DK: I can only say that there are hundreds of women that have gone through the group. Guerrilla Girls on Tour has [approximately] 15 to 30 members; we function more like a touring theater company.
SD: How did you feel when the #MeToo movement took hold, and why do you think it's emerged the way it has?
DK: It's a braided story. I went back and decided to explore how I became a feminist. When I was an undergraduate, I was sexually assaulted by a college professor. I graduated and moved to New York, and within three months, I met a rising actor named William Hurt. I became involved with him for three-plus years, and we had a relationship that was filled with violence. So I'm a domestic violence survivor.
[The book] came out almost a year before the #MeToo movement. I felt very alone when it came out. It had been 35 years since I had gone through this horrible experience, and it was time for me to tell my story. I wanted to write the book to tell my story, but also to share how the process of disclosure can be a slow one — that's what happened to me. I really felt it was important to tell it at this point in my life, but I didn't want to write a book to say that everyone should tell their story. I did feel very alone and scared; I had to get liability insurance, and I had to get lawyers to look at my material.
When the #MeToo movement happened, I was actually shocked — and relieved. I thought, Wow, I was in front of the wave. I don't think there's any way we can ever go back.
SD: Can you talk about the role of rage in fueling both your art and your activism?
DK: Rage is a good thing, because it's connected to our feelings and what we're passionate about — we need rage in order to effect change. There has to be a sense of urgency in any kind of activist art: This must change now. Time is of the essence.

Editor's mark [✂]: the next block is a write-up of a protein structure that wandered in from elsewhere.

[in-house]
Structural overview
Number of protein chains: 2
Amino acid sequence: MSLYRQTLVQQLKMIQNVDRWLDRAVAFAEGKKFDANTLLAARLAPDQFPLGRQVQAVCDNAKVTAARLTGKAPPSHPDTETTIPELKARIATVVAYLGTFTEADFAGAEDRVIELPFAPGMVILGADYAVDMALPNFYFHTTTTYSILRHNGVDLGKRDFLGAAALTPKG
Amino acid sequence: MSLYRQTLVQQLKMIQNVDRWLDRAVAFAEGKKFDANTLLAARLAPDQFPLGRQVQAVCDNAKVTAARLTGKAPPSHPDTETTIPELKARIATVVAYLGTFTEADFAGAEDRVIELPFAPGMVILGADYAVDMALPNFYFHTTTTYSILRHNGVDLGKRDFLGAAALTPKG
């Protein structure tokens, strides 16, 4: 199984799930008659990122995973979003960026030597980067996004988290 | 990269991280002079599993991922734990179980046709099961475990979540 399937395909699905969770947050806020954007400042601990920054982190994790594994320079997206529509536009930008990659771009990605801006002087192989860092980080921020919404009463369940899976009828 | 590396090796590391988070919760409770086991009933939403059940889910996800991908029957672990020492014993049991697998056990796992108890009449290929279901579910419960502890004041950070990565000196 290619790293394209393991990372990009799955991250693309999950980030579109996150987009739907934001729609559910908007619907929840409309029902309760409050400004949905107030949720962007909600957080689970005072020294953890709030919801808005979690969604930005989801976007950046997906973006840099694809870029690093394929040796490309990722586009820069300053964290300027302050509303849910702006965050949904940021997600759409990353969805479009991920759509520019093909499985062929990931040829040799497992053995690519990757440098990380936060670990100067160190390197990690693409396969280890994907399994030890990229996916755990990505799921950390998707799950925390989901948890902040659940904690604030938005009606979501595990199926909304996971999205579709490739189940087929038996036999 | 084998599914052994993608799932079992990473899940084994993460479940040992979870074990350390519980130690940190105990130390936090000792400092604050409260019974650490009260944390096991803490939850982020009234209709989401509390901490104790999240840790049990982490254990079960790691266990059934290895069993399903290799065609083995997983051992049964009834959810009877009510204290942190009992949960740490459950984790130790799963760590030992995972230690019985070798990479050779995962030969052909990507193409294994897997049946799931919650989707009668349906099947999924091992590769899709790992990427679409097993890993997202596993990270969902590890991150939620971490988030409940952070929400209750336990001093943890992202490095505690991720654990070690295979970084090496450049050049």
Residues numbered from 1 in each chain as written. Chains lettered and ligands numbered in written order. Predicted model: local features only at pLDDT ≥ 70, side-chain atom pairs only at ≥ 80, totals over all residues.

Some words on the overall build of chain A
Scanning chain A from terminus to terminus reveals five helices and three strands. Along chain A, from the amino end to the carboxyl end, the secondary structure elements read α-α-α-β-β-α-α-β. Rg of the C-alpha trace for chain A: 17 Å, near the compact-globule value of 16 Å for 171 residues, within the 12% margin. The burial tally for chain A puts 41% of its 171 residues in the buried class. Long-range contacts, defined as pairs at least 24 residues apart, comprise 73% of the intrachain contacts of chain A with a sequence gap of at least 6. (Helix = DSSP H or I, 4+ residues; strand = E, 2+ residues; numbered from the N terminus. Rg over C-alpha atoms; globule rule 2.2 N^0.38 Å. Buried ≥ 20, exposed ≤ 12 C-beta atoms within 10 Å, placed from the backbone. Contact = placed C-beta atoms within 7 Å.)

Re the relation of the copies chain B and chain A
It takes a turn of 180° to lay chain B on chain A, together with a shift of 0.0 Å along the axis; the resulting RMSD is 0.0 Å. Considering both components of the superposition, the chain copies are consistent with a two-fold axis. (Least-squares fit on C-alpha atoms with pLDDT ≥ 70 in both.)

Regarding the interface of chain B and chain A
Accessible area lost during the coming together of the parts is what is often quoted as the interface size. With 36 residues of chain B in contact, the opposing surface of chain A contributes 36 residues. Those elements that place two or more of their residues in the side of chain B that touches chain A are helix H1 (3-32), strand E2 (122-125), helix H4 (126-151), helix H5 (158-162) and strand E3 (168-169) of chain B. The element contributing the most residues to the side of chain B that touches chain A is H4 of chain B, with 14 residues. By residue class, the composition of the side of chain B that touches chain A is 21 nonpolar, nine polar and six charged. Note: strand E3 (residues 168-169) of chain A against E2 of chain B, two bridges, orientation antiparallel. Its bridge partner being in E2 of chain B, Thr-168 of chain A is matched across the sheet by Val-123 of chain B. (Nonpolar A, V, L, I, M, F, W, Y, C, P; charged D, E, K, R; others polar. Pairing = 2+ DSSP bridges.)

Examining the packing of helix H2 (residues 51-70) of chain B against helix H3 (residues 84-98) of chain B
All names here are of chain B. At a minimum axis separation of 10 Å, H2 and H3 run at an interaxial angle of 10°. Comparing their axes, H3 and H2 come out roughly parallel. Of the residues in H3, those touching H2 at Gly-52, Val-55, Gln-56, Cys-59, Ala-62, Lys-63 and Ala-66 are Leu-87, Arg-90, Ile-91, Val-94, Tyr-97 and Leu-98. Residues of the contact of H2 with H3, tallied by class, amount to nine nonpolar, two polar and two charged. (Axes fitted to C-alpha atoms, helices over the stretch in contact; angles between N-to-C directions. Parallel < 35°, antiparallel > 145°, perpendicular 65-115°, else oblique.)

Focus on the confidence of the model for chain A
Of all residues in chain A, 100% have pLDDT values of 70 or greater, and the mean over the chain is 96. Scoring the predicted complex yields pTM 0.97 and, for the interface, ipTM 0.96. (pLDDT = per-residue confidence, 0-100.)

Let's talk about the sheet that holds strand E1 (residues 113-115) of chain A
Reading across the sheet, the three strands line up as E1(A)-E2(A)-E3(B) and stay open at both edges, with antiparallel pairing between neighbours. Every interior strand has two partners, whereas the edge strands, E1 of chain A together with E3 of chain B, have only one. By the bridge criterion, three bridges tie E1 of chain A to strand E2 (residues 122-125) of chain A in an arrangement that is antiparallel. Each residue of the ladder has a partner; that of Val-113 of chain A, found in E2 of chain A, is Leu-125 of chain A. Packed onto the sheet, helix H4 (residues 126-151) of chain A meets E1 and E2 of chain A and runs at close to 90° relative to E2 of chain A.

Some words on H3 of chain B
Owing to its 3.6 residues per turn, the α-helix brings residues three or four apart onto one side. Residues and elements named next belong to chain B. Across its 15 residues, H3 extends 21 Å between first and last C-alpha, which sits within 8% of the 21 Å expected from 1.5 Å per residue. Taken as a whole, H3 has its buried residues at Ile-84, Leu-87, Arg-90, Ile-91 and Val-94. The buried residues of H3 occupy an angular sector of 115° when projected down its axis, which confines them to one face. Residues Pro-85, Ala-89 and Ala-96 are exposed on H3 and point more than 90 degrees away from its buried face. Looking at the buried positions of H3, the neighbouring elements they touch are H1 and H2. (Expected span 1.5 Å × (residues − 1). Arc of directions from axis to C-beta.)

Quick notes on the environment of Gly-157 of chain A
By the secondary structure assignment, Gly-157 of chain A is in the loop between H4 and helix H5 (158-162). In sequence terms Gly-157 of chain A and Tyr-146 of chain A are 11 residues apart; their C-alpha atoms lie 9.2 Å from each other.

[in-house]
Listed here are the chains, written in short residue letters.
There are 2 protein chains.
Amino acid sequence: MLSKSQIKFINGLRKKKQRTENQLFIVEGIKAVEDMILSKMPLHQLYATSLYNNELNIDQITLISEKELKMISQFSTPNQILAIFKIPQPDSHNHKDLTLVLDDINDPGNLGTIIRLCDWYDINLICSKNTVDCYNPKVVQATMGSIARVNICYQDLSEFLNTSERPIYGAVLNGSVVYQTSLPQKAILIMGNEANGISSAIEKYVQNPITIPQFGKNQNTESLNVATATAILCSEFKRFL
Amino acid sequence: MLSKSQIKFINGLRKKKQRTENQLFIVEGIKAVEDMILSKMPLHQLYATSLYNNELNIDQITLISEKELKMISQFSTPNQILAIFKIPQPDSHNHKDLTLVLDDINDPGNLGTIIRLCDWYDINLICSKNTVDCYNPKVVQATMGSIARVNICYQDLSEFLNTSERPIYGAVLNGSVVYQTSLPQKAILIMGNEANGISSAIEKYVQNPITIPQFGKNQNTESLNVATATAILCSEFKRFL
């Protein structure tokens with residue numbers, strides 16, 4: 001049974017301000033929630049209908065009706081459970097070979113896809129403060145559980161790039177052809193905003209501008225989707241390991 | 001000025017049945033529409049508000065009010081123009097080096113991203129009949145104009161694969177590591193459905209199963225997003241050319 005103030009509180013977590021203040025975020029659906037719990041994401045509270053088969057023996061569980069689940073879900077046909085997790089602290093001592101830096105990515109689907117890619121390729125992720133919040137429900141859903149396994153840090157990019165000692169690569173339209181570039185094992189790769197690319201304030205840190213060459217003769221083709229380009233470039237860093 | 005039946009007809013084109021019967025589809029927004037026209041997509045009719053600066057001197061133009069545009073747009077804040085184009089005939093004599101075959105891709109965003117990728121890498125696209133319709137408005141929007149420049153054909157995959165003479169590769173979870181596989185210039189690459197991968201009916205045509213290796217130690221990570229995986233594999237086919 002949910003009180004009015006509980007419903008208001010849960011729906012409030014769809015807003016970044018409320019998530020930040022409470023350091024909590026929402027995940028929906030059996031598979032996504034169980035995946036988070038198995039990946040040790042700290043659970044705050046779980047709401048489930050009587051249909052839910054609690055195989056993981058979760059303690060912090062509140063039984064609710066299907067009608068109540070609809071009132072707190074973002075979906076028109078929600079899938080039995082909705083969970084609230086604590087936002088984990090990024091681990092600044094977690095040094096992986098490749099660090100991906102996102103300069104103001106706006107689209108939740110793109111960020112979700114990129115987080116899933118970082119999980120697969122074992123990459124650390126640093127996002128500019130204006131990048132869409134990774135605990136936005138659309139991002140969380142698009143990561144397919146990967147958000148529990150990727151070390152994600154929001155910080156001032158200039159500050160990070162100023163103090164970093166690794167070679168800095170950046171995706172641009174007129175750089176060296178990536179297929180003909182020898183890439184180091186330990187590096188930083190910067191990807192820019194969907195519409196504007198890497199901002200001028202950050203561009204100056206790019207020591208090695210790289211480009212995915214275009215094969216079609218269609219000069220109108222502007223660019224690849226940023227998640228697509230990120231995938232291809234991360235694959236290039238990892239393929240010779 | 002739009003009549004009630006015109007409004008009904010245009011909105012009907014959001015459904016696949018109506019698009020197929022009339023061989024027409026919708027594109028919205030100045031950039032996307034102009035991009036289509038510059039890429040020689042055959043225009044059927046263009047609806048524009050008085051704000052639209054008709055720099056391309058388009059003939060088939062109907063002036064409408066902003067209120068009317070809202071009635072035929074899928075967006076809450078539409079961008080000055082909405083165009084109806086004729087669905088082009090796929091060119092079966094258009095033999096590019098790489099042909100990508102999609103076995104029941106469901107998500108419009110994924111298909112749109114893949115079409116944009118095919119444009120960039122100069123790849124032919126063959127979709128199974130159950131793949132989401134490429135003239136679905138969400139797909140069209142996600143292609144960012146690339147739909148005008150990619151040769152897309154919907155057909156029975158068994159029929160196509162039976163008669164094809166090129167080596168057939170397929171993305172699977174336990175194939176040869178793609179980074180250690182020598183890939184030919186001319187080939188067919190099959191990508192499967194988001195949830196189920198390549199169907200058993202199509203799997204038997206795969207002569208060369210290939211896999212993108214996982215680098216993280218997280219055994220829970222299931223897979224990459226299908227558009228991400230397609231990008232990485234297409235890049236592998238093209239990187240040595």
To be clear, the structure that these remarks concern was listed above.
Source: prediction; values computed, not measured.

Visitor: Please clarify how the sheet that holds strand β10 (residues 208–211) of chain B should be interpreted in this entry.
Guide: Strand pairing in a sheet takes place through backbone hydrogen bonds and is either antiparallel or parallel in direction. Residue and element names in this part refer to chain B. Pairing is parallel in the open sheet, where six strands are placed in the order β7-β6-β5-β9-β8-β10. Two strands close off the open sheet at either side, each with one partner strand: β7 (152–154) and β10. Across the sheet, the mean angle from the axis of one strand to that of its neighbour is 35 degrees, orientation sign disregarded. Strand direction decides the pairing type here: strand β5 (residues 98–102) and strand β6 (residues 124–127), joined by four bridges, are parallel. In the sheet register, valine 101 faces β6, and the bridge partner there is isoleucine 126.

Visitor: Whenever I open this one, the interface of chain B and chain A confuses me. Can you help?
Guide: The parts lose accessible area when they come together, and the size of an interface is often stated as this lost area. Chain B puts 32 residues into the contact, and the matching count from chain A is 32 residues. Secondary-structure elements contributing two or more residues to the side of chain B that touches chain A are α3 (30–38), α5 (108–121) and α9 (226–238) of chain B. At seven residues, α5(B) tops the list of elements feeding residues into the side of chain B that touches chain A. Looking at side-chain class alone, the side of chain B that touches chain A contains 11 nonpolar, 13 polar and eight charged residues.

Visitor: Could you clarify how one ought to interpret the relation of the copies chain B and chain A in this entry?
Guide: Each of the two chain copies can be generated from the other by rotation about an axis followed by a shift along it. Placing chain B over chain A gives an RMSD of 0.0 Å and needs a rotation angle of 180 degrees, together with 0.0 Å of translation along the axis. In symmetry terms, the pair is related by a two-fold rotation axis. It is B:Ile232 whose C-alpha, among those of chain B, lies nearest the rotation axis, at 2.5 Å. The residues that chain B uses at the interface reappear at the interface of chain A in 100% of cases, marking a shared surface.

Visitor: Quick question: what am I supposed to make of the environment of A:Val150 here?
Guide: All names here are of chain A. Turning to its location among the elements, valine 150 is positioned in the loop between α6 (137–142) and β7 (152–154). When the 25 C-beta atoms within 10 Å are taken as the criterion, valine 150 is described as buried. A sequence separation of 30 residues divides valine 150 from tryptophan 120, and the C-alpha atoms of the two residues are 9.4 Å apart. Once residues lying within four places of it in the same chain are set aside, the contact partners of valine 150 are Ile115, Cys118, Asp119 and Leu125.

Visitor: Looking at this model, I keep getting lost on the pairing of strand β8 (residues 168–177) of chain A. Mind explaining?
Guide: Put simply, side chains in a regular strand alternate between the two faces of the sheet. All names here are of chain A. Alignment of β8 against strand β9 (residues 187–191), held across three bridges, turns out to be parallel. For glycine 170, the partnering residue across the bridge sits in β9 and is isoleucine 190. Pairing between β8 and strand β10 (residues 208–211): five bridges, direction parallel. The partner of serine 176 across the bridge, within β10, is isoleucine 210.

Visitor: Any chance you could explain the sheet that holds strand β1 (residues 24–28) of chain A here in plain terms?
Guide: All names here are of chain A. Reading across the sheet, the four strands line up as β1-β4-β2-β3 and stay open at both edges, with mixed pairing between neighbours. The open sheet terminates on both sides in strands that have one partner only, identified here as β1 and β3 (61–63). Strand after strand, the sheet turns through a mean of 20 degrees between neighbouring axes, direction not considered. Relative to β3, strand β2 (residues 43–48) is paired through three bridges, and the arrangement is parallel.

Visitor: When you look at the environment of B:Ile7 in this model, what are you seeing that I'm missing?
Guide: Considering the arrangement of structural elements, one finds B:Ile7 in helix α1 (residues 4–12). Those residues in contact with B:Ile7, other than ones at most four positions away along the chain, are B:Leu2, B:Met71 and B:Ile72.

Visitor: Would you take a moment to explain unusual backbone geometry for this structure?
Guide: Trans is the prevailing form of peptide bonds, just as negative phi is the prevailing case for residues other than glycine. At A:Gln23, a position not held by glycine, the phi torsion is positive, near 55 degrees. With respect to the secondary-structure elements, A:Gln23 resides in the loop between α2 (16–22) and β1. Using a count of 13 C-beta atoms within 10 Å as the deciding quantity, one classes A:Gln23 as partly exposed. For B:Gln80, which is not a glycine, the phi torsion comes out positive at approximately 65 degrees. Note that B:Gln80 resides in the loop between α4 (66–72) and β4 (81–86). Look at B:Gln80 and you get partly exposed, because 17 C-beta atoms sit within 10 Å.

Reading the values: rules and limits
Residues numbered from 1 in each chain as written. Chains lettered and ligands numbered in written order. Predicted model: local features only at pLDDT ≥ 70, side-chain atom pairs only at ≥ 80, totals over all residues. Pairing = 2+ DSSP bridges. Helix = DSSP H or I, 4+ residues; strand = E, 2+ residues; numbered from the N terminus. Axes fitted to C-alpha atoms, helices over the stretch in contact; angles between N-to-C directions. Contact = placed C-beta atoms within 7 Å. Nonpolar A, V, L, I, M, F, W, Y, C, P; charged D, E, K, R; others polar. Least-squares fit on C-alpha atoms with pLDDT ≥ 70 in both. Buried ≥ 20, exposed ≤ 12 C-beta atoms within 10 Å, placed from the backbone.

We have a president who is, among other things, rude, disrespectful, name-calling, sexist — a sexual predator, actually. This fact alone is making people angry and wanting to do something. As I say in my talk, it's a great time to be a feminist. Feminism is making a comeback; it's a swift wind through the country. [And] when I talk about feminism, I'm talking about intersectional feminism, not white, cisgender feminism. I [still] think we have a long ways to go to gather everyone up into the movement.
SD: Do you have a particularly proud Guerilla Girl moment?
DK: When we started addressing sexism in theater, nobody was talking about it. We thought we really just needed to educate the public about how sexist the theater was, and it would change — but that didn't happen. But today there are lots of organizations working towards gender parity in theater. I'm also proud of the fact that theaters no longer try to get away with seasons of plays by all white men. The theater looks the way it does now because we raised awareness.
SD: Where do you look for feminist art inspiration?
DK: As a Guerrilla Girl, I don't like to talk about anyone in particular. I think that anyone who is fighting oppression is admirable and inspirational. From someone who can sign petitions and click around the internet to show their support, to the people who got arrested at the Judicial Committee hearings on [Brett] Kavanaugh, to artists who have made political art exposing sexism and discrimination, to women who are running for office and saying, "Time's up."